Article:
From the October 2019 Issue

5 Things When Choosing a Kitten

5 Things When Choosing a Kitten

Every fall and spring, kittens become widely available, due to typical queen heat cycles in January and October and the feline 60-day gestation. Kittens are cute, for sure, and you may be tempted to adopt one (yay for you and the kitten!). But it’s important to ensure that you make an objective choice and properly prepare your home. We offer these tips to help with the transition:

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Current Issue

TB and Raw Diet

Tuberculosis (TB) in cats is especially worrisome because it can spread to humans. Infected cats are usually outdoor cats, but one outbreak started with indoor cats in England.

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Flame Retardant and Hyperthyroidism

A study in Environmental Science & Technology associated hyperthyroidism with flame retardants, using silicone pet tags like the popular wristbands people wear for charitable causes.

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Technology Improves Veterinary Care

A publication by members of the Section of Ophthalmology at the Cornell University College of Veterinary Medicine highlights the innovative use of a smartphone with an open-source 3D printed smartphone indirect lens adapter.

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Video Records of What Cats Do All Day

A study from Applied Animal Behaviour Science used tiny cameras to follow 16 cats throughout their neighborhoods. The camera was about the size of a golf ball and attached to the cat (originally, 21 cats were selected, but five said no thanks).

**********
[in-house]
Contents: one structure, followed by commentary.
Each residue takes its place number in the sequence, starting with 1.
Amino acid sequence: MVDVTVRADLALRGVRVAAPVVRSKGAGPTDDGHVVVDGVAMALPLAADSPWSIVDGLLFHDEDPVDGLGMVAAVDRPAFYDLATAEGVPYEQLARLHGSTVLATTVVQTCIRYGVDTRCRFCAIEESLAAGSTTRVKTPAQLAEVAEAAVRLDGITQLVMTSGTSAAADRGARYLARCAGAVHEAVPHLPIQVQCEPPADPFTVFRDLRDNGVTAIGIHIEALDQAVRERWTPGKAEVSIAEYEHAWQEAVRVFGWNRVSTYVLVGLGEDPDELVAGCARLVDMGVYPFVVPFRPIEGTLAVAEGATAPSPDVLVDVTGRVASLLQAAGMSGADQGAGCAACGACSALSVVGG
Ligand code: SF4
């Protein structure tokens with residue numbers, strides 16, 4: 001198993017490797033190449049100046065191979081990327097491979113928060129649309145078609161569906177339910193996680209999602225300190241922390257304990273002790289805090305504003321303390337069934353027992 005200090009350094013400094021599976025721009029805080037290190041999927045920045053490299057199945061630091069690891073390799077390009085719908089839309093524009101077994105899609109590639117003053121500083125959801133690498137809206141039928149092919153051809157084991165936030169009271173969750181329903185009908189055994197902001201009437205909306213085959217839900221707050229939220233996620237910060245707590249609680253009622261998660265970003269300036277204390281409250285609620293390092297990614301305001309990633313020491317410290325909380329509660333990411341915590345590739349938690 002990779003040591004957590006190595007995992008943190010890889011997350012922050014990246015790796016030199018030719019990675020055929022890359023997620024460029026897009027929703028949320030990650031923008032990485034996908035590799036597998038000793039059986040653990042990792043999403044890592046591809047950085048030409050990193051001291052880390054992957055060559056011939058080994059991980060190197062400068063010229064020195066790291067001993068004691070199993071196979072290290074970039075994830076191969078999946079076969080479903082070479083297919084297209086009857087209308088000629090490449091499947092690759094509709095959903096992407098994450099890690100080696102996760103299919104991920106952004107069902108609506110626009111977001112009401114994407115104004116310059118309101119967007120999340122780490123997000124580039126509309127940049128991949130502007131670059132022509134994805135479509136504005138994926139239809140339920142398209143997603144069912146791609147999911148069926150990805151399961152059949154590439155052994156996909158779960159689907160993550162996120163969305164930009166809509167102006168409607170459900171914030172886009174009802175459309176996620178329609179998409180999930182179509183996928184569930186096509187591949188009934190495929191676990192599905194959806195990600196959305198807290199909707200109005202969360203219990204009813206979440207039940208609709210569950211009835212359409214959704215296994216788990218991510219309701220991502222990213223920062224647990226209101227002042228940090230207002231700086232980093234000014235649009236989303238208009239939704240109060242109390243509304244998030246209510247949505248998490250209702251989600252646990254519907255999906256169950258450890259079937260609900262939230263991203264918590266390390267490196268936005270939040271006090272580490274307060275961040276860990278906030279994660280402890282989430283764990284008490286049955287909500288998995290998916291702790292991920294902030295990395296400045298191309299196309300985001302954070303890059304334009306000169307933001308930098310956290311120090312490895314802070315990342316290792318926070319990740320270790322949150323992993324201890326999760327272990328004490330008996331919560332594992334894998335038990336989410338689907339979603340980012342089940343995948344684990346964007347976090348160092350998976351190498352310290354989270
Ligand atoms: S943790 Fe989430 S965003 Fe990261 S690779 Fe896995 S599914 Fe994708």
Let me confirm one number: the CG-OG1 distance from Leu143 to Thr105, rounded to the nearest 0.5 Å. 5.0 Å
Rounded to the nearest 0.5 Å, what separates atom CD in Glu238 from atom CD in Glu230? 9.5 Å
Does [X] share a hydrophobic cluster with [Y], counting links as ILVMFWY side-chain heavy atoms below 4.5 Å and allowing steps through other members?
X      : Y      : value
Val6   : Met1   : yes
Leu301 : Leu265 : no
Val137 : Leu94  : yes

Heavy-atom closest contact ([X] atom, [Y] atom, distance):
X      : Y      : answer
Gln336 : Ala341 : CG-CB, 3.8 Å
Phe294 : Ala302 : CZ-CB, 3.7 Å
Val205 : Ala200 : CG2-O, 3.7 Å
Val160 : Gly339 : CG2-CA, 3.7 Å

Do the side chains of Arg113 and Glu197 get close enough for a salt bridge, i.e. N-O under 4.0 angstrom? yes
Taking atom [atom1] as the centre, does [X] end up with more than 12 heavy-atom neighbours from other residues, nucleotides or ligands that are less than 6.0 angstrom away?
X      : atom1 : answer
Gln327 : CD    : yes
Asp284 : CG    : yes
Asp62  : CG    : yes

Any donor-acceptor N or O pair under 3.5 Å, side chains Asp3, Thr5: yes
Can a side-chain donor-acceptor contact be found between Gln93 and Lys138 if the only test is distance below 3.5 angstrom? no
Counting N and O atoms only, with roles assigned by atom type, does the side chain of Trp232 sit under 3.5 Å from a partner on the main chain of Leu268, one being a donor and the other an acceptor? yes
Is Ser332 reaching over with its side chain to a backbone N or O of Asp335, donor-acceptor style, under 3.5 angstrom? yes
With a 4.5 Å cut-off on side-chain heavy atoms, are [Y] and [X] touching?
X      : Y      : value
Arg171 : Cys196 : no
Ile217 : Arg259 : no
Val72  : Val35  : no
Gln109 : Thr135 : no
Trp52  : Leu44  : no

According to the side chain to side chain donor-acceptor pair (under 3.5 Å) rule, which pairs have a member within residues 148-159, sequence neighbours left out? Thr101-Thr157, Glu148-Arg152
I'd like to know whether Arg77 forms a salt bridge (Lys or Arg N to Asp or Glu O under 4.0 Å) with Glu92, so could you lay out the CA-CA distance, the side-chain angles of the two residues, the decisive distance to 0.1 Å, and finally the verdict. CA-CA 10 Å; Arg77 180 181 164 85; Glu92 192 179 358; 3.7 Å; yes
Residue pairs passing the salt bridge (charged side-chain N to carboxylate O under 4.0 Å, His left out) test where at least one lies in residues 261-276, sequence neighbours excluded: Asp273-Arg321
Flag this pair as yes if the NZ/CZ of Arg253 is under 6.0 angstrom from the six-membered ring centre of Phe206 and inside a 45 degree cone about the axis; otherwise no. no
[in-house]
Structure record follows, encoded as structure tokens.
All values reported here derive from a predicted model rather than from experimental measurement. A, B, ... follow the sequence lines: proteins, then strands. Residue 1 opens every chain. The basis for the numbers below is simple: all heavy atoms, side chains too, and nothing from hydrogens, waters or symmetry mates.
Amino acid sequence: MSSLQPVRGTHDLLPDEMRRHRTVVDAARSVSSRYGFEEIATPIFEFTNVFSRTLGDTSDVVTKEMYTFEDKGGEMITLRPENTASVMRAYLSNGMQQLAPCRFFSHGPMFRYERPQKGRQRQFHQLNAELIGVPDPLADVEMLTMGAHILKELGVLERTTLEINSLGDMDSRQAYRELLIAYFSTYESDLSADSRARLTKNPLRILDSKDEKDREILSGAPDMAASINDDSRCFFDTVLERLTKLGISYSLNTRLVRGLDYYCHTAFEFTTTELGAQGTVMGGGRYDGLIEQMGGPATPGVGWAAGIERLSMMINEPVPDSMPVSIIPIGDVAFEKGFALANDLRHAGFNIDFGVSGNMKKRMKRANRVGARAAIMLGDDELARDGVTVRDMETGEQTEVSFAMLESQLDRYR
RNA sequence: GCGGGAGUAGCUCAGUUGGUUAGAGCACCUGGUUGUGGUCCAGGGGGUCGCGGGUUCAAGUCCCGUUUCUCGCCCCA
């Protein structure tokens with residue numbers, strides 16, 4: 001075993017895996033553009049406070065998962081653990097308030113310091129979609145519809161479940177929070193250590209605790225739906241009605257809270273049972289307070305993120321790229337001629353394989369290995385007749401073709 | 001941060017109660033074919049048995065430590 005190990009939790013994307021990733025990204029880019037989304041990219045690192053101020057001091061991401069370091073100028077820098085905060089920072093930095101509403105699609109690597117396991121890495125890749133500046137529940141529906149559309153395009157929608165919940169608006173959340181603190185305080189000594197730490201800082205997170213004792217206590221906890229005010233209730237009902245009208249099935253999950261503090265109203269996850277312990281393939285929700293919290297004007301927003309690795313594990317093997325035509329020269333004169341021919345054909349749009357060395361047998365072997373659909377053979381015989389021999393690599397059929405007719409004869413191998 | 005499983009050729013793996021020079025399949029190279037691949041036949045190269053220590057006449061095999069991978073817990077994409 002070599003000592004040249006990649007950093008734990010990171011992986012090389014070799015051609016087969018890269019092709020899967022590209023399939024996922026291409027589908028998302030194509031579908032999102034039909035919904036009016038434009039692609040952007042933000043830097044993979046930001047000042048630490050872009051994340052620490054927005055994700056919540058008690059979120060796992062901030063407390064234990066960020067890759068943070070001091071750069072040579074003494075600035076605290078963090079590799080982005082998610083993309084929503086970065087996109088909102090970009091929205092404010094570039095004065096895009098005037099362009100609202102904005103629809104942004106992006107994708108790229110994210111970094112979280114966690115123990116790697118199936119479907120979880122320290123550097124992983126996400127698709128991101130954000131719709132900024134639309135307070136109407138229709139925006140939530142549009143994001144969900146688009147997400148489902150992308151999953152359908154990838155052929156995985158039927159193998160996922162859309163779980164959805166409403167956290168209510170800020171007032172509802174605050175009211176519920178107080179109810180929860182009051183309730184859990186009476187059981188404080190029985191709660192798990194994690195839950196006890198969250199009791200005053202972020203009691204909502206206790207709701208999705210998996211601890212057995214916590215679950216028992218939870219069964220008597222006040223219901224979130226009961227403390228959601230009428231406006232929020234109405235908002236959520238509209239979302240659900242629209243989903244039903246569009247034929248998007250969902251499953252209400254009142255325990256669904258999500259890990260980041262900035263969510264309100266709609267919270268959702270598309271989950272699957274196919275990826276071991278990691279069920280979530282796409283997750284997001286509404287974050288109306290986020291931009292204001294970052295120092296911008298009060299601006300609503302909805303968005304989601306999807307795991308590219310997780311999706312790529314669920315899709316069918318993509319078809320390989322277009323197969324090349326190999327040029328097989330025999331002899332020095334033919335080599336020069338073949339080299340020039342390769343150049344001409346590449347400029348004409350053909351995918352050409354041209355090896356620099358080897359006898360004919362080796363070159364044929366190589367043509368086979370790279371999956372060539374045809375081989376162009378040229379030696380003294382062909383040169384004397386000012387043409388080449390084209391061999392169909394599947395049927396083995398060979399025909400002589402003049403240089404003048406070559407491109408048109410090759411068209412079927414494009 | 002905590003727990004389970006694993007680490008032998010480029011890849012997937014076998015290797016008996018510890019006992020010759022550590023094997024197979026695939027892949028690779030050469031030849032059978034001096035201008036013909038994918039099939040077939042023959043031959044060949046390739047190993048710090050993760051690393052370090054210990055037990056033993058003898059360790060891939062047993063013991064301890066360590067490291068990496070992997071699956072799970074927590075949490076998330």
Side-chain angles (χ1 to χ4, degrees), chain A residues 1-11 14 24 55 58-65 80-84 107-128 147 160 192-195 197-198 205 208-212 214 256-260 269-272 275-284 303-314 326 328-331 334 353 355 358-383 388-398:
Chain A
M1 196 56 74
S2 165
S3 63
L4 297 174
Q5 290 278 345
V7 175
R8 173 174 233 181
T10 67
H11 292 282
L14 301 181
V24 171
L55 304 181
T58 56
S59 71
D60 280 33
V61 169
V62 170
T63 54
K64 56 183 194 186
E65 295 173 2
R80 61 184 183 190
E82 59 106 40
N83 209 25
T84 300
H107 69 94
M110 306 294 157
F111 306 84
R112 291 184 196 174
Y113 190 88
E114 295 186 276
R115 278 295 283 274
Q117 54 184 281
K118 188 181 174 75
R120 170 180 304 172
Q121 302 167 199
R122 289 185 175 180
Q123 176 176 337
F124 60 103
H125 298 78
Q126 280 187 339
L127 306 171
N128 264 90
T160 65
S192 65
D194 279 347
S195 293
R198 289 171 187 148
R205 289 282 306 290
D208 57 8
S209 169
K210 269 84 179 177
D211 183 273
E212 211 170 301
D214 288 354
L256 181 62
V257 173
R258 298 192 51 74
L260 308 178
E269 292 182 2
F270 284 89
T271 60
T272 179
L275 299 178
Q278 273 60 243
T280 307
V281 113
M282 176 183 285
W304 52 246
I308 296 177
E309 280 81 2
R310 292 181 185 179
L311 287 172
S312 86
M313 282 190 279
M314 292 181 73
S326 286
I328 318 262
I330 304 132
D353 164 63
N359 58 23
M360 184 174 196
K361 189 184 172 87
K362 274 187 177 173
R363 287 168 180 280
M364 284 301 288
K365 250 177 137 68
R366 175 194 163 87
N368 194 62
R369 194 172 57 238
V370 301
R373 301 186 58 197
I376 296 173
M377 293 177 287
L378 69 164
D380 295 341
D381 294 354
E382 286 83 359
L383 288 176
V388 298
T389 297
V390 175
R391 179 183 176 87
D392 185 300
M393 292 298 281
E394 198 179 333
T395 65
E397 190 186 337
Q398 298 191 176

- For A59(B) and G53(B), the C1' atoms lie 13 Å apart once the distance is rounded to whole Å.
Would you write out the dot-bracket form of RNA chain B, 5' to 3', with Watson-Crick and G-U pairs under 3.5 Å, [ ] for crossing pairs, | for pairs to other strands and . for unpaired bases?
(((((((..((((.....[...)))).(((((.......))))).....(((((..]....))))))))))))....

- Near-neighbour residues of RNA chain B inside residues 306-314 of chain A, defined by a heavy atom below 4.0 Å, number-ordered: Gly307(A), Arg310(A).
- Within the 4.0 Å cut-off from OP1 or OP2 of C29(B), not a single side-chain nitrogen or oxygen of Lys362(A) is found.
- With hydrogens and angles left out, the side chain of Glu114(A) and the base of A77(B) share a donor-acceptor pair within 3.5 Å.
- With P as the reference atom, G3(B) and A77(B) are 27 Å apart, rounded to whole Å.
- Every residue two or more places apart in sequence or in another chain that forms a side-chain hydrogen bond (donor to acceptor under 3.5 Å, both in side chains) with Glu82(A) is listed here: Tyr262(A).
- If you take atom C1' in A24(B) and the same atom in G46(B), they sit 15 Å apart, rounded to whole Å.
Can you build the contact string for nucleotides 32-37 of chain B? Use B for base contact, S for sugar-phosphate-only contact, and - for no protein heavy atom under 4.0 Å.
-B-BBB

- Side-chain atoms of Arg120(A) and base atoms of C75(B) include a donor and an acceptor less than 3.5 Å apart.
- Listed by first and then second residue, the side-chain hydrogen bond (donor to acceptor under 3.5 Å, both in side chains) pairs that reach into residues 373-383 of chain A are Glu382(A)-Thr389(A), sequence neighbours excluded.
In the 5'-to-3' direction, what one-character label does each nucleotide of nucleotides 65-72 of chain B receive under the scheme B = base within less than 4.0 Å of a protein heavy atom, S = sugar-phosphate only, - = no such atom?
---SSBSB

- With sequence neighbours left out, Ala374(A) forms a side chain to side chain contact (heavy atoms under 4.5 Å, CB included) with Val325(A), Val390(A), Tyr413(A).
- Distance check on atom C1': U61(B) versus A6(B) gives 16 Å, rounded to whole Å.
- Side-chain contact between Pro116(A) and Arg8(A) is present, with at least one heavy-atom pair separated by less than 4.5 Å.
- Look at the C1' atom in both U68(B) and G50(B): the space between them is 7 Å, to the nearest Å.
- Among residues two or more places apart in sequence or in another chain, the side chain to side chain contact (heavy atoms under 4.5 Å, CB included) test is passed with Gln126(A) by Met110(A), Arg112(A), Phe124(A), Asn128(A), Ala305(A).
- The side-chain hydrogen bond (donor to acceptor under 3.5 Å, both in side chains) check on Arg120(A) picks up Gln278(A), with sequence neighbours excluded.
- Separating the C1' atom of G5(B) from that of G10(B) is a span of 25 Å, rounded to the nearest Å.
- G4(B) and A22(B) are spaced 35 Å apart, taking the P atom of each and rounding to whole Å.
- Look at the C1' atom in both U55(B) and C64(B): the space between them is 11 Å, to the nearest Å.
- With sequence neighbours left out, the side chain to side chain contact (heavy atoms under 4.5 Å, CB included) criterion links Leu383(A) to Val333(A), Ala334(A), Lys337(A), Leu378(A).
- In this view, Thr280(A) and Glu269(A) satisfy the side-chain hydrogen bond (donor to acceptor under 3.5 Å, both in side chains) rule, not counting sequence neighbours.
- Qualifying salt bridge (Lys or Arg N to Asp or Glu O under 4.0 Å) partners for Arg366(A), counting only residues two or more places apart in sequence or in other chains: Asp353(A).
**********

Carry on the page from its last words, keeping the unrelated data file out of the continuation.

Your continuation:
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The Good, the Bad, and the Coffee

Playing with cats while enjoying a cup of coffee—what more could you want? Cat cafés have blossomed in popularity since the first one opened in Taiwan in 1998. Expansion into the U.S. has been slow due to regulations around food preparation and animal welfare, but they’re starting to appear.

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Congestive Heart Failure

Congestive heart failure (CHF) is often the stage of disease at which a cardiac problem is first diagnosed. When a cat has CHF, the heart no longer functions as an efficient pump, unable to bring enough oxygen and nutrients to the body cells and move waste products such as carbon dioxide out. Fluid buildup can occur, usually in the lungs (pulmonary edema) and in the chest cavity around the lungs (pleural effusion). …

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A Feline DNA Analysis

Not that long ago, a DNA analysis on anyone or anything was unthinkable. It wasn’t until 2003 that the human genome (genetic material) was fully sequenced. In 2007, the feline genome was partially sequenced in an Abyssinian cat named Cinnamon. This is important because sequencing helps us understand what an organism will look like and what disease conditions it might be prone to having. DNA analysis can be valuable to cat owners and breeders.

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